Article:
Franchesca Araújo is a 2nd year Phd student in Black Studies/African Diaspora studies who focuses on anti colonial and anti capitalist insurgency, and coloniality, centering oral histories, memories, and subjectivities outside of the documentation regime, and reading the world through the Caribbean as its locus. She’s especially committed to epistemologies arising from Black latinidad, the DR and Haiti as an insurgent island unit and Black Dominican histories against US and hegemonic state elite dominant narratives based on valorization of black aesthetics over materiality, collective relationships to bodies of water, and the caribbean and Brasil in relation through amefricanidade.

Joshua Clark Davis is an associate professor of United States history at the University of Baltimore focusing on social movements, policing, capitalism, and African American history. He is currently writing Police Against the Movement: The Forgotten Sabotage of the Civil Rights Struggle (under contract with Princeton University Press), a narrative history of radical civil rights organizers in the 1960s who challenged police abuses and the police who retaliated against them with surveillance, infiltration, and legal persecution. His first book, From Head Shops to Whole Foods: The Rise and Fall of Activist Entrepreneurs, explores how businesses such as organic food stores, feminist businesses, and African American bookstores emerged from social movements of the ‘60s and ‘70s. He is also the coeditor of Baltimore Revisited: Stories of Resistance and Inequality in a U.S. City. His research has been supported by fellowships from the National Endowment for the Humanities and the Fulbright Scholar Program. He has written for The Atlantic, The Nation, Jacobin, and The Washington Post, and my work has been highlighted in The New York Times, CNN, PBS News Hour, USA Today, Time, and Slate. He sits on the advisory board of the the Daphne Muse Correspondence Collection.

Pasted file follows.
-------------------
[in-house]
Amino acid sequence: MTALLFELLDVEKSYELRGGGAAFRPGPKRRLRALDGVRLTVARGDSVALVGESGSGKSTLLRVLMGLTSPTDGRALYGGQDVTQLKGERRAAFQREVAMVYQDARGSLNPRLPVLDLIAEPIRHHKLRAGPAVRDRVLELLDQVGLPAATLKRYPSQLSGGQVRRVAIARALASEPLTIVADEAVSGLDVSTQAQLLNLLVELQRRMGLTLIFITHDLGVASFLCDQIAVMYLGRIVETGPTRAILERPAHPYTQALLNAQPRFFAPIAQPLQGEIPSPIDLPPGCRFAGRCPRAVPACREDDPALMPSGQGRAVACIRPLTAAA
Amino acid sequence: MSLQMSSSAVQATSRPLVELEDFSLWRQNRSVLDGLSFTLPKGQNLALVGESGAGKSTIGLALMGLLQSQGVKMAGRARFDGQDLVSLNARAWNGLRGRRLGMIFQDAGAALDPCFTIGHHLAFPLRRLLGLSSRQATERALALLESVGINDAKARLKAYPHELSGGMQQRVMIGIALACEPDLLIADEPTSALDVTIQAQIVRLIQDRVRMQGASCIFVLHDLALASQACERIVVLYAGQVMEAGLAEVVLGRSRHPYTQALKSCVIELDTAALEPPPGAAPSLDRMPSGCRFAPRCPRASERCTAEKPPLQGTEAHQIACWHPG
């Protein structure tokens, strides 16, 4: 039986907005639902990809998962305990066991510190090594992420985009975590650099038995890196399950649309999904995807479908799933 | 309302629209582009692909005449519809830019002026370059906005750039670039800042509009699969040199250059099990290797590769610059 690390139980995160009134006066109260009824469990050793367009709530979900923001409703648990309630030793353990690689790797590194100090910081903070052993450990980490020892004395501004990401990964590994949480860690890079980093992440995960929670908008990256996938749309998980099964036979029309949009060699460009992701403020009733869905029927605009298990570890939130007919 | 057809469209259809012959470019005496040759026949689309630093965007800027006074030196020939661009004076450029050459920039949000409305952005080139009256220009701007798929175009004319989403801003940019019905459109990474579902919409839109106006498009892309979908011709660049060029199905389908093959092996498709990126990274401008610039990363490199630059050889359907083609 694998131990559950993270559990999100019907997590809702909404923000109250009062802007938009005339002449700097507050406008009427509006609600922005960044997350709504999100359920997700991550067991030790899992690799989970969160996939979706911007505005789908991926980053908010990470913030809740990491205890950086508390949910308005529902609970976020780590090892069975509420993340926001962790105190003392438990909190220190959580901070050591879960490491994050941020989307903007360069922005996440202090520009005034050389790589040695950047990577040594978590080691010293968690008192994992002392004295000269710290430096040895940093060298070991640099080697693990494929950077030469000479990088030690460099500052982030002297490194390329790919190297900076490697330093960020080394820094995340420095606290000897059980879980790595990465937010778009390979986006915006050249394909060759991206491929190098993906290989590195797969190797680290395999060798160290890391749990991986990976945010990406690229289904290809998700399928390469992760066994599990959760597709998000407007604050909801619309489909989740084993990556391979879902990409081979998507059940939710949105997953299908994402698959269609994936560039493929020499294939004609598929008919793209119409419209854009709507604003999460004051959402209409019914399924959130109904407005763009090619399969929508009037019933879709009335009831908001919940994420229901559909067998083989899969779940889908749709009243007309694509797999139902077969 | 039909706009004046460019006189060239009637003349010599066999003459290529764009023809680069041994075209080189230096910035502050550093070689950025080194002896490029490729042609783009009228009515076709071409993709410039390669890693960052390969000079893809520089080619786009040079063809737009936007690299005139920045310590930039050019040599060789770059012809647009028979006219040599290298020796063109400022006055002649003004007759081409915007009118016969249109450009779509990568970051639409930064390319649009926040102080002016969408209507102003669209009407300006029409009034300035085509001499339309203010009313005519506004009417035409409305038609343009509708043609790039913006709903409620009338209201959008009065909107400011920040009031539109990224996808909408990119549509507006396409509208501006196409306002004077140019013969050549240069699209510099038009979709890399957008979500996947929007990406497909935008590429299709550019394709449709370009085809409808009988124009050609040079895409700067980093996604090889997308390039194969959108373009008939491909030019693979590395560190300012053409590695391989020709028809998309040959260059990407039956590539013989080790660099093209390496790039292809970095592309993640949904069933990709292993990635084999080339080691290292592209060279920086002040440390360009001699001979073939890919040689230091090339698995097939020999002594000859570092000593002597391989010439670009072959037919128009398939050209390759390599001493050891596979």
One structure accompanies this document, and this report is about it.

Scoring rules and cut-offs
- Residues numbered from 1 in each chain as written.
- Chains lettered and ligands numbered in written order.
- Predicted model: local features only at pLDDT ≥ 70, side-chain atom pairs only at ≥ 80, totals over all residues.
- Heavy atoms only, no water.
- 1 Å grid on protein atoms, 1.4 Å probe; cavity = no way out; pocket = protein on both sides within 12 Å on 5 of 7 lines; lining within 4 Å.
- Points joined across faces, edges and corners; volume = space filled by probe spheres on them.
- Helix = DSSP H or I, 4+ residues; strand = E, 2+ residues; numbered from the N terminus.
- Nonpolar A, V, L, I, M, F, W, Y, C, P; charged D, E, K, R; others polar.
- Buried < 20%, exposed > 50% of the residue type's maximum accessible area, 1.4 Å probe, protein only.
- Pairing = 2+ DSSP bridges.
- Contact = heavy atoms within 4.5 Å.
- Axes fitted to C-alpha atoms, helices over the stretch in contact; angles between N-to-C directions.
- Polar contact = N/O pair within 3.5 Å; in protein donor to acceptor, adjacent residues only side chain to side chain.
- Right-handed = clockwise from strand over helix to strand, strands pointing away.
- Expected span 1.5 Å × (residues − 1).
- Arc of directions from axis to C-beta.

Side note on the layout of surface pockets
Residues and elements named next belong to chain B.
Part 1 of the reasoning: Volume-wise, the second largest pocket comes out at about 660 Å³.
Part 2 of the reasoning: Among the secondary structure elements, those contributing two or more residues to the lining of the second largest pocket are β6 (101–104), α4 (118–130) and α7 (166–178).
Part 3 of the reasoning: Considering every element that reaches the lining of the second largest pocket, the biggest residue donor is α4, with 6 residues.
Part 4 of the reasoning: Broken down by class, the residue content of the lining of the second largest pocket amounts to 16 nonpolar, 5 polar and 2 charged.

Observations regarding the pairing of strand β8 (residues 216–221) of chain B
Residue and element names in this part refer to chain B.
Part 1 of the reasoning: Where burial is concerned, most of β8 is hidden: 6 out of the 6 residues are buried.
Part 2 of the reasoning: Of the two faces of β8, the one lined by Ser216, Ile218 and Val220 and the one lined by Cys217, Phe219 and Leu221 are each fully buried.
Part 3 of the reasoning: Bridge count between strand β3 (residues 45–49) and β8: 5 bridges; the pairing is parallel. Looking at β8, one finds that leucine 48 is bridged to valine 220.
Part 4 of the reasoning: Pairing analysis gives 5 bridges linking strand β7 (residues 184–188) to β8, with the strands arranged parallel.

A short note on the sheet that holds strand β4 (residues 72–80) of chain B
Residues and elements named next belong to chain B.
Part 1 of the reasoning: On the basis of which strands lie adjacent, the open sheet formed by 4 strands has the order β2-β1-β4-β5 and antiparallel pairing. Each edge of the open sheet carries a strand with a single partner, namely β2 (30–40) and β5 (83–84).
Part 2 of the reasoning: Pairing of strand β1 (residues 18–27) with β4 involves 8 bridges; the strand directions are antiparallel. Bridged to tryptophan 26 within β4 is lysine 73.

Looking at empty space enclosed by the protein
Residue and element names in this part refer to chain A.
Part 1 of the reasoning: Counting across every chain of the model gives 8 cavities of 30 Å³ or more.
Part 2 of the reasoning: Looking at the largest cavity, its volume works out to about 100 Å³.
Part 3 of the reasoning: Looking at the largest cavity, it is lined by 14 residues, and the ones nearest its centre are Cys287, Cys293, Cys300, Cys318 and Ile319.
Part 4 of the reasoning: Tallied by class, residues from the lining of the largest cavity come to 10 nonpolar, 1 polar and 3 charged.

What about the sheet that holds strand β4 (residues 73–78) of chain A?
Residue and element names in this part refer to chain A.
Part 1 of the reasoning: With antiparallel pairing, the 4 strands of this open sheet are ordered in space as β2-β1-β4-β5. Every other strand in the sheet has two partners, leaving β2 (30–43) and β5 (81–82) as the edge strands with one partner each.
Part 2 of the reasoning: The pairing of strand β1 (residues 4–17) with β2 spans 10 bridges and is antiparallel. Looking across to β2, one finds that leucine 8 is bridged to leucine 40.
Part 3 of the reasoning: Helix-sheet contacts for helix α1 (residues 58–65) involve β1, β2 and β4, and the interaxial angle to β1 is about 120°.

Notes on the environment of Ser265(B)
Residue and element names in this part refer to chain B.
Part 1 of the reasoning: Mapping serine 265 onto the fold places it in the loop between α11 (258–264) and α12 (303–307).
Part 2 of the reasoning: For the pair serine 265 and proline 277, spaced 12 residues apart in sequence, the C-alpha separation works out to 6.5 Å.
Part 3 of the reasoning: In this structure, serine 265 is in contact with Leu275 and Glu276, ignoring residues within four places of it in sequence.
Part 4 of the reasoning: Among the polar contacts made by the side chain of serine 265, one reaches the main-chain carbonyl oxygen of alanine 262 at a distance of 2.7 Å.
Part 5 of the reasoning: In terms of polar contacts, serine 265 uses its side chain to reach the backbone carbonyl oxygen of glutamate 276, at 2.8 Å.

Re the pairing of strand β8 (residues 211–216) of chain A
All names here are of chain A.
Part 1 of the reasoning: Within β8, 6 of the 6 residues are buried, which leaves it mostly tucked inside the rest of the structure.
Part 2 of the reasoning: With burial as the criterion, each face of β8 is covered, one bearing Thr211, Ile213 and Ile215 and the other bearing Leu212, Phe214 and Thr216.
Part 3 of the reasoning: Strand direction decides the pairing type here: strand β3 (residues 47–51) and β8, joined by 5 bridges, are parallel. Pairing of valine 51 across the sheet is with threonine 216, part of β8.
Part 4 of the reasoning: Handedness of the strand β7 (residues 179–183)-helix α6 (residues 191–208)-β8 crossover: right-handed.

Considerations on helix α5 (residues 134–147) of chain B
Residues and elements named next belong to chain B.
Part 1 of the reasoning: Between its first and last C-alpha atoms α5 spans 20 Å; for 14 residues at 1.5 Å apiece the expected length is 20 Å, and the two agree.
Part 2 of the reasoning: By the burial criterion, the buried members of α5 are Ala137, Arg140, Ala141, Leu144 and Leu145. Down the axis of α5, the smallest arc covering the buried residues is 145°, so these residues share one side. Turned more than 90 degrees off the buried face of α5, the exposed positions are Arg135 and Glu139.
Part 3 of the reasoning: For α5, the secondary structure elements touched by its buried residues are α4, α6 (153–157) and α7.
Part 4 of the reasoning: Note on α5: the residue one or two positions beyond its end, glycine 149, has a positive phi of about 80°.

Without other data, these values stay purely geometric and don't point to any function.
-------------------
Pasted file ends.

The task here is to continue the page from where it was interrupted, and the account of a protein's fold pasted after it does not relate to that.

Kathryn Neal.

Kathryn Neal has been associate university archivist since 2005 and is responsible for collecting materials related to campus history. Before coming to UC Berkeley, she held archivist or curatorial positions at the University of Iowa, the University of Minnesota, and San Diego State University. She earned her bachelor’s degree in English from Carleton College, a master’s degree in journalism and mass communication from the University of Minnesota, and a master’s degree in information and library studies with an archival administration concentration from the University of Michigan.

Lisbet Tellefsen.

Lisbet Tellefsen is an Oakland, California-based community archivist, collector and curator. Her collections focus on late 20th century African Americana with specializations including the Black Panther Party, Angela Davis, Black LGBT culture and political graphics. Her archives are used frequently for academic research, film & media projects and exhibitions–most recently as the basis for the exhibit “Angela Davis: Seize the Time” currently on display at the Zimmerli Art Museum in NJ, traveling to the Oakland Museum of CA in October 2022. The exhibit was the basis for the book “Angela Davis: Seize the Time” published in 2020 by Hirmer Verlag.

Accessibility

Spanish language interpretation will be available in person. Live captioning will be available on the Zoom livestream.

This event is open to the public. The venue is wheelchair accessible. If you need accommodations to fully participate, please contact Barbara Montano at bmontano14@berkeley.edu or 510-664-4324 with as much advance notice as possible. Please refrain from wearing any scented products, including essential oils.